faster than the general economic grow th in the next 15 years. Strong demand
will
be
underpinned
by the growing industrialization of South-East Asia, the reemergence
of
paper packaging,
greater use of facsimile machines and photocopiers, and the
popularity of direct-mail advertising. It is possible that by 2007, world paper
and
board demand will reach 455 million tonnes, compared with 241 million
tonnes
1991. in
2. The pulp and paper industry has not been badly affected by the electronic
technologies that promised a paperless society. But wha t has radically
altered
thestructure is pressure from another fronta more environmentally
industry's
conscious
society driving an irreversible move towards cleaner industrial production.
The
environmental consequences of antiquated pulp mill practices and
technologies
had
marked this industry
as one in need of reform. Graphic descriptions of
deformed
fishpopulations, particularly in the Baltic Sea where old pulp mills
and thinning
had
discharged untreated effluents for 100 years, have disturbed the inter national
community.
3. Until the 1950s, it was common for pulp mills and other industries to
discharge
untreated effluent into rivers and seas. The environmental effects were at the

time
either not understood, or regarded as an acceptable cost of economic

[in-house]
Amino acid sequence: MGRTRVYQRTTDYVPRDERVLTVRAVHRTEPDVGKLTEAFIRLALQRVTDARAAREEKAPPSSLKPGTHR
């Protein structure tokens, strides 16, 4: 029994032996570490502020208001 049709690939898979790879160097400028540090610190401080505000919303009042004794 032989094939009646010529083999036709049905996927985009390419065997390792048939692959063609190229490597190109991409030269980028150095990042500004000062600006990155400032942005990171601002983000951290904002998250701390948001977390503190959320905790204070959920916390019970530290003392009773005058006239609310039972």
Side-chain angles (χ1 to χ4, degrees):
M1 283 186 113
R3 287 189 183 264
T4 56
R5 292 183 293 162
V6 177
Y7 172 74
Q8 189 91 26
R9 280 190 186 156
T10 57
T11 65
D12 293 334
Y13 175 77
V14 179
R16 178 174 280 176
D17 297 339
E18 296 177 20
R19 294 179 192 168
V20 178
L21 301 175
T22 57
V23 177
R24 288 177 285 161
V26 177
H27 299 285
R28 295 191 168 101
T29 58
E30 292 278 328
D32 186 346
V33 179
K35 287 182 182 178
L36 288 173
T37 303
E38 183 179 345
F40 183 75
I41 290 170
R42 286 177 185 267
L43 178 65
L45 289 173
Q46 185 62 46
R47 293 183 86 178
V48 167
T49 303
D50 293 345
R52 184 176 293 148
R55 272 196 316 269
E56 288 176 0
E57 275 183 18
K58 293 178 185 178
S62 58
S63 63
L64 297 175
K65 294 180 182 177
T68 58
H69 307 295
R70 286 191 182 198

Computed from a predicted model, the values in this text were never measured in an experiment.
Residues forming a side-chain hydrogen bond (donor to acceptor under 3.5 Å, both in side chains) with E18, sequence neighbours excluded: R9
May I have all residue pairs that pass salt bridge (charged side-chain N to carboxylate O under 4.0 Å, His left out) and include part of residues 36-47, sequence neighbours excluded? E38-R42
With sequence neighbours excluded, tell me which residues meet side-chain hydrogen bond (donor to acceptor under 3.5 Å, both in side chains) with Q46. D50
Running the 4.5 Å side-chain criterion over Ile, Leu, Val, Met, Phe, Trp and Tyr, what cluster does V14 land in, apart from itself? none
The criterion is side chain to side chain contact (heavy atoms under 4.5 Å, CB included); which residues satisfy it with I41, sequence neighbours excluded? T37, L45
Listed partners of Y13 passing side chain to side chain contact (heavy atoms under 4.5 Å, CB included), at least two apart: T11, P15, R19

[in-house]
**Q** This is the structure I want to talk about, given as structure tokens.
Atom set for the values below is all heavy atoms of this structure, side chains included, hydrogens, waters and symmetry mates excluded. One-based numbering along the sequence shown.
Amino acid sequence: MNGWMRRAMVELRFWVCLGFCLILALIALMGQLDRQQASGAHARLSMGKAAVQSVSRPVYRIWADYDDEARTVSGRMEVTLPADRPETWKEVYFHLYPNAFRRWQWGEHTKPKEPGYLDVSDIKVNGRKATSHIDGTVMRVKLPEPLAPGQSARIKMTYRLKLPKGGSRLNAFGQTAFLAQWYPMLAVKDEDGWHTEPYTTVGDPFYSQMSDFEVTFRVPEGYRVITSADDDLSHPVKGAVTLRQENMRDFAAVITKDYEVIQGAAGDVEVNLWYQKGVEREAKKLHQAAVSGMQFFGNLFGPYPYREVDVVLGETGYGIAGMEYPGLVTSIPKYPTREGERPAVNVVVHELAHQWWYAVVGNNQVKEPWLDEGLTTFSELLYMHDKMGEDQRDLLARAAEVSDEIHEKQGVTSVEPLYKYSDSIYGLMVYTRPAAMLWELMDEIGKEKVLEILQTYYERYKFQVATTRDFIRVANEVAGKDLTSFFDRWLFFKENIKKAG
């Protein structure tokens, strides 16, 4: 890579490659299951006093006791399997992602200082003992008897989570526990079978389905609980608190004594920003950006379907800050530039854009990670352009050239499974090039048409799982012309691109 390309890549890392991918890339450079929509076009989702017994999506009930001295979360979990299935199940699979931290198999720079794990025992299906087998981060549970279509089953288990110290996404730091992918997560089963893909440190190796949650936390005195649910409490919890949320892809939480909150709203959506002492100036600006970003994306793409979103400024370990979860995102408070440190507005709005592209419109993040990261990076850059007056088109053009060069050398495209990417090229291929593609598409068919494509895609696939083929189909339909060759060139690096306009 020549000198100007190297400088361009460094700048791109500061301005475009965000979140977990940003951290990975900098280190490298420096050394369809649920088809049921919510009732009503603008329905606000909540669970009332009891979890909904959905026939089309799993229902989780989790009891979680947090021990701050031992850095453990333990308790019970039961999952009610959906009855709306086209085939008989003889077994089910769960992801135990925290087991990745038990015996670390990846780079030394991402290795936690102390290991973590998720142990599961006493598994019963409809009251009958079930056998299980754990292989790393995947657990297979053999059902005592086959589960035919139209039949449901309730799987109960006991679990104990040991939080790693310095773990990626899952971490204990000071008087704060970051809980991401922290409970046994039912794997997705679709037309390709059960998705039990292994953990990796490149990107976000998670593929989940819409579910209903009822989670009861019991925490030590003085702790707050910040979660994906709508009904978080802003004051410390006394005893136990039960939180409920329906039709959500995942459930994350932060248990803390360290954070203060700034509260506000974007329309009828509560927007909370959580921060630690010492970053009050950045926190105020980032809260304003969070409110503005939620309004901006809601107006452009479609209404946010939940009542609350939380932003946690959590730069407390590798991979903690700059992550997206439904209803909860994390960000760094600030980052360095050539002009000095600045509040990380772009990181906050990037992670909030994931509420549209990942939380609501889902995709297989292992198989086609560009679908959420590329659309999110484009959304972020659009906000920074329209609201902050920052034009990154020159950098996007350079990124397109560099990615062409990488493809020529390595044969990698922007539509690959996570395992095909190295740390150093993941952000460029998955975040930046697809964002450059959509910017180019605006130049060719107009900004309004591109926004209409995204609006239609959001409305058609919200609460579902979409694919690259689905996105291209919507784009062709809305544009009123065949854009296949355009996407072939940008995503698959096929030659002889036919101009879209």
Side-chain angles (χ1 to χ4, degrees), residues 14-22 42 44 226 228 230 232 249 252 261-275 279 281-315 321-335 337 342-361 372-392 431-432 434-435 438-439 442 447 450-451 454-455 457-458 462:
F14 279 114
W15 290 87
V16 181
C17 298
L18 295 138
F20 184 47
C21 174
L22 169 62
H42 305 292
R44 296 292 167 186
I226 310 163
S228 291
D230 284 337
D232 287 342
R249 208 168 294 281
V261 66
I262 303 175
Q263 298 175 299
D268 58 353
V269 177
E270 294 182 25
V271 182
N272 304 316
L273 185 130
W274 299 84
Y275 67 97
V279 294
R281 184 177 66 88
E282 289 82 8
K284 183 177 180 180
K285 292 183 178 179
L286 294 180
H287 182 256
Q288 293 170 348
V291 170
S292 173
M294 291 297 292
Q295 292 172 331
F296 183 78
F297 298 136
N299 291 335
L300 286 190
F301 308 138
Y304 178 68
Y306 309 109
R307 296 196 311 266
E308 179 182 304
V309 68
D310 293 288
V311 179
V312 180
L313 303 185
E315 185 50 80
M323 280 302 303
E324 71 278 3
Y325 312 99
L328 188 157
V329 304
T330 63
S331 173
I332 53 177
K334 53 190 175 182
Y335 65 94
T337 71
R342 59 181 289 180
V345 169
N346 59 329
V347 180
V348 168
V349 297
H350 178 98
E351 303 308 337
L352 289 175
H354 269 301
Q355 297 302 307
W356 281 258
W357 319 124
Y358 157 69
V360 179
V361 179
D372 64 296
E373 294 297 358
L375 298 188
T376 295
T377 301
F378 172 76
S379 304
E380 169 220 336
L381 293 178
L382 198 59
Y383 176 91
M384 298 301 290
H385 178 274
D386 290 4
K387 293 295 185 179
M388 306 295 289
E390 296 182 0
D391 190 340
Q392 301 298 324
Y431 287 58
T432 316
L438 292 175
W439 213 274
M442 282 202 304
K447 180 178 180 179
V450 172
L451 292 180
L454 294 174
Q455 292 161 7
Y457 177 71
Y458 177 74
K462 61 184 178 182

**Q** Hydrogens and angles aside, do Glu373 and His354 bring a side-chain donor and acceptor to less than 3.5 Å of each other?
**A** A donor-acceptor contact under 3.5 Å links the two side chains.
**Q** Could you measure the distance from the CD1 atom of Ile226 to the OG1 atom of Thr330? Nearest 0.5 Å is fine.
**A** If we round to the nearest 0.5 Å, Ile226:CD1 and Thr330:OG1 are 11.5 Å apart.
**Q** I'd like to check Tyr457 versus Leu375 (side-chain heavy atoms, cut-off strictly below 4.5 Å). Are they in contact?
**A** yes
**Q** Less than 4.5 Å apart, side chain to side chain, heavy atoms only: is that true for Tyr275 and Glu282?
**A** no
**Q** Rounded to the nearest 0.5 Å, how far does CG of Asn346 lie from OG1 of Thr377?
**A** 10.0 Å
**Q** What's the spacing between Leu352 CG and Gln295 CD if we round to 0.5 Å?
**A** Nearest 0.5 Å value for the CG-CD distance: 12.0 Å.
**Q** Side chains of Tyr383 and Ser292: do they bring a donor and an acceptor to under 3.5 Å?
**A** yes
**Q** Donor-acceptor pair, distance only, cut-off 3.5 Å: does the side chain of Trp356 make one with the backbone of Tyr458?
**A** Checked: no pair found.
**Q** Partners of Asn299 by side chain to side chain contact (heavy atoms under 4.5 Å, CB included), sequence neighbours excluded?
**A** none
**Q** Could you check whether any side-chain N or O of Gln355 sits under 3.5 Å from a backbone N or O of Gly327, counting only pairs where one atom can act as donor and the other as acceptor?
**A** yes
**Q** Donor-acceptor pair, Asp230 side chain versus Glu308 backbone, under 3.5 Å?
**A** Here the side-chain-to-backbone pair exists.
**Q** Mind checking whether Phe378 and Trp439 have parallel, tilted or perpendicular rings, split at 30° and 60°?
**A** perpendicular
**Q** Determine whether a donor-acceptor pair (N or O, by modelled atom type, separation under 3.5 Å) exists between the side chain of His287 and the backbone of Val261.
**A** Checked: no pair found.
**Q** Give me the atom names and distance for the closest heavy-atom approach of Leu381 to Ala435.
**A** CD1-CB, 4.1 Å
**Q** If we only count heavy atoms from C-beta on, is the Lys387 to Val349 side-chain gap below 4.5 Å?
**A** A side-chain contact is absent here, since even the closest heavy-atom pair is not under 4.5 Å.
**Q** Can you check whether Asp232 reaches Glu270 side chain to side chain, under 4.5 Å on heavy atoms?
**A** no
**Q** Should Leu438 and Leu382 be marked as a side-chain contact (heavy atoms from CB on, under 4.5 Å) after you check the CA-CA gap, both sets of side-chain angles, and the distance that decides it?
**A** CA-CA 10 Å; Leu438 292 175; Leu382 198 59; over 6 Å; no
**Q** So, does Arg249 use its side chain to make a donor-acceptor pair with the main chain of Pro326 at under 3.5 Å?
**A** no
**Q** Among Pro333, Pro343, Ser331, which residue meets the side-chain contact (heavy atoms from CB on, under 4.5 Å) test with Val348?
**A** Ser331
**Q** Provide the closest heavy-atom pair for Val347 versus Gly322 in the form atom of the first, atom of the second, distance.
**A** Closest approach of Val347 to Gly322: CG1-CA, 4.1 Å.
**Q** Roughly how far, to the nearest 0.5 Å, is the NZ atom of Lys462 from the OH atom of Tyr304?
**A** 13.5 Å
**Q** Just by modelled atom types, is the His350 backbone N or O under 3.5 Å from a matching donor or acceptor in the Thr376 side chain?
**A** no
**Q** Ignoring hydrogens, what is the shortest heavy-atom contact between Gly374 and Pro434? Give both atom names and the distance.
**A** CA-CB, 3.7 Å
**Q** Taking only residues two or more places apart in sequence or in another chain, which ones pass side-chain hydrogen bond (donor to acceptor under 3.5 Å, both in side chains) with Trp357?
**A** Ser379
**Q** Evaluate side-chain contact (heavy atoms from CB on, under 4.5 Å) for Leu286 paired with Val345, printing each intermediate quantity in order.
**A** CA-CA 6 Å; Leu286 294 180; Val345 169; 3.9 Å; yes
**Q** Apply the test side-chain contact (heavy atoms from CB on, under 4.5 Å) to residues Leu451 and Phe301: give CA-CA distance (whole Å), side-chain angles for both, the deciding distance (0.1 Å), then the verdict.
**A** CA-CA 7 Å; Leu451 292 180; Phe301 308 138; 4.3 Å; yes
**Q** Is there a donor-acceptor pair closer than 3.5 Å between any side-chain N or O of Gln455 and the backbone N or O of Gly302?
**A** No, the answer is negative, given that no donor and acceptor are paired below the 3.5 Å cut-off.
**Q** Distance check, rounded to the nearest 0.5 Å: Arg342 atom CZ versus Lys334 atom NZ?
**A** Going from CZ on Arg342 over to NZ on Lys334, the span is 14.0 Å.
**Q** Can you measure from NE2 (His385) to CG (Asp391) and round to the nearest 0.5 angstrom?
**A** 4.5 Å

prosperity
inmethods.
an
increasingly
has
4.
America
production
minimising
Since
spurred
the
have
the
aearly
importfundamental
modernised
environmental
1980s,
oriented
Changes
most
their
change
world
in
of
effects
operations,
mill
the
ineconomy.
world
attitude
design
of effluent
-scale
outlaying
and
inBut
the
processes
discharge
pulp
greater
community,
substantial
m ills
environmental
while
have
in Scandinavia
in
been
amounts
at theaimed
same
to
awareness
government
industry
and
improve
at
time
North
itself.
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producing pulp with the whiteness and strength demanded by the
international
market.impetus is taking this industry even further, with the focus
The environmental
now
on
developing
processes that may even eliminate waste -water discharges. But
the
ghost
of the
old mills continues to haunt the industry today. In Europe, companies
face
floodaof environment-related legislation. In Germany, companies are now
being
held for the waste they create.
responsible
5. Pulp is the porridge- like mass of plant fibres from which paper is made.
Paper
makers choose the type of plant fibre and the processing methods, depending
on
thewhat
end product will be used for: whether it is a sturdy packing box, a smooth
sheet
ofpaper or a fragile tissue. In wood, which is the source of about 90%
writing
of
the paper production, fibres are bound together by lignin, which gives the
world's
unbleached pulp a brown colour. The pulping stage separates the wood into
fibres
sosuitable for paper making. Pulping can be done by mechanical
they are
grinding,
or by
chemical treatment
in which woodchips are 'cooked' with chemicals, or by a
combination of both methods.
6. Kraft pulping is the most widely used chemical process for producing pulp
with
the required by the high-quality paper market. It is now usually carried
strength
out
in a
continuous
process in a large vessel called a digester. Woodchips are fed from
ainto
pilethe top of the digester. In the digester, the chips are cooked in a solution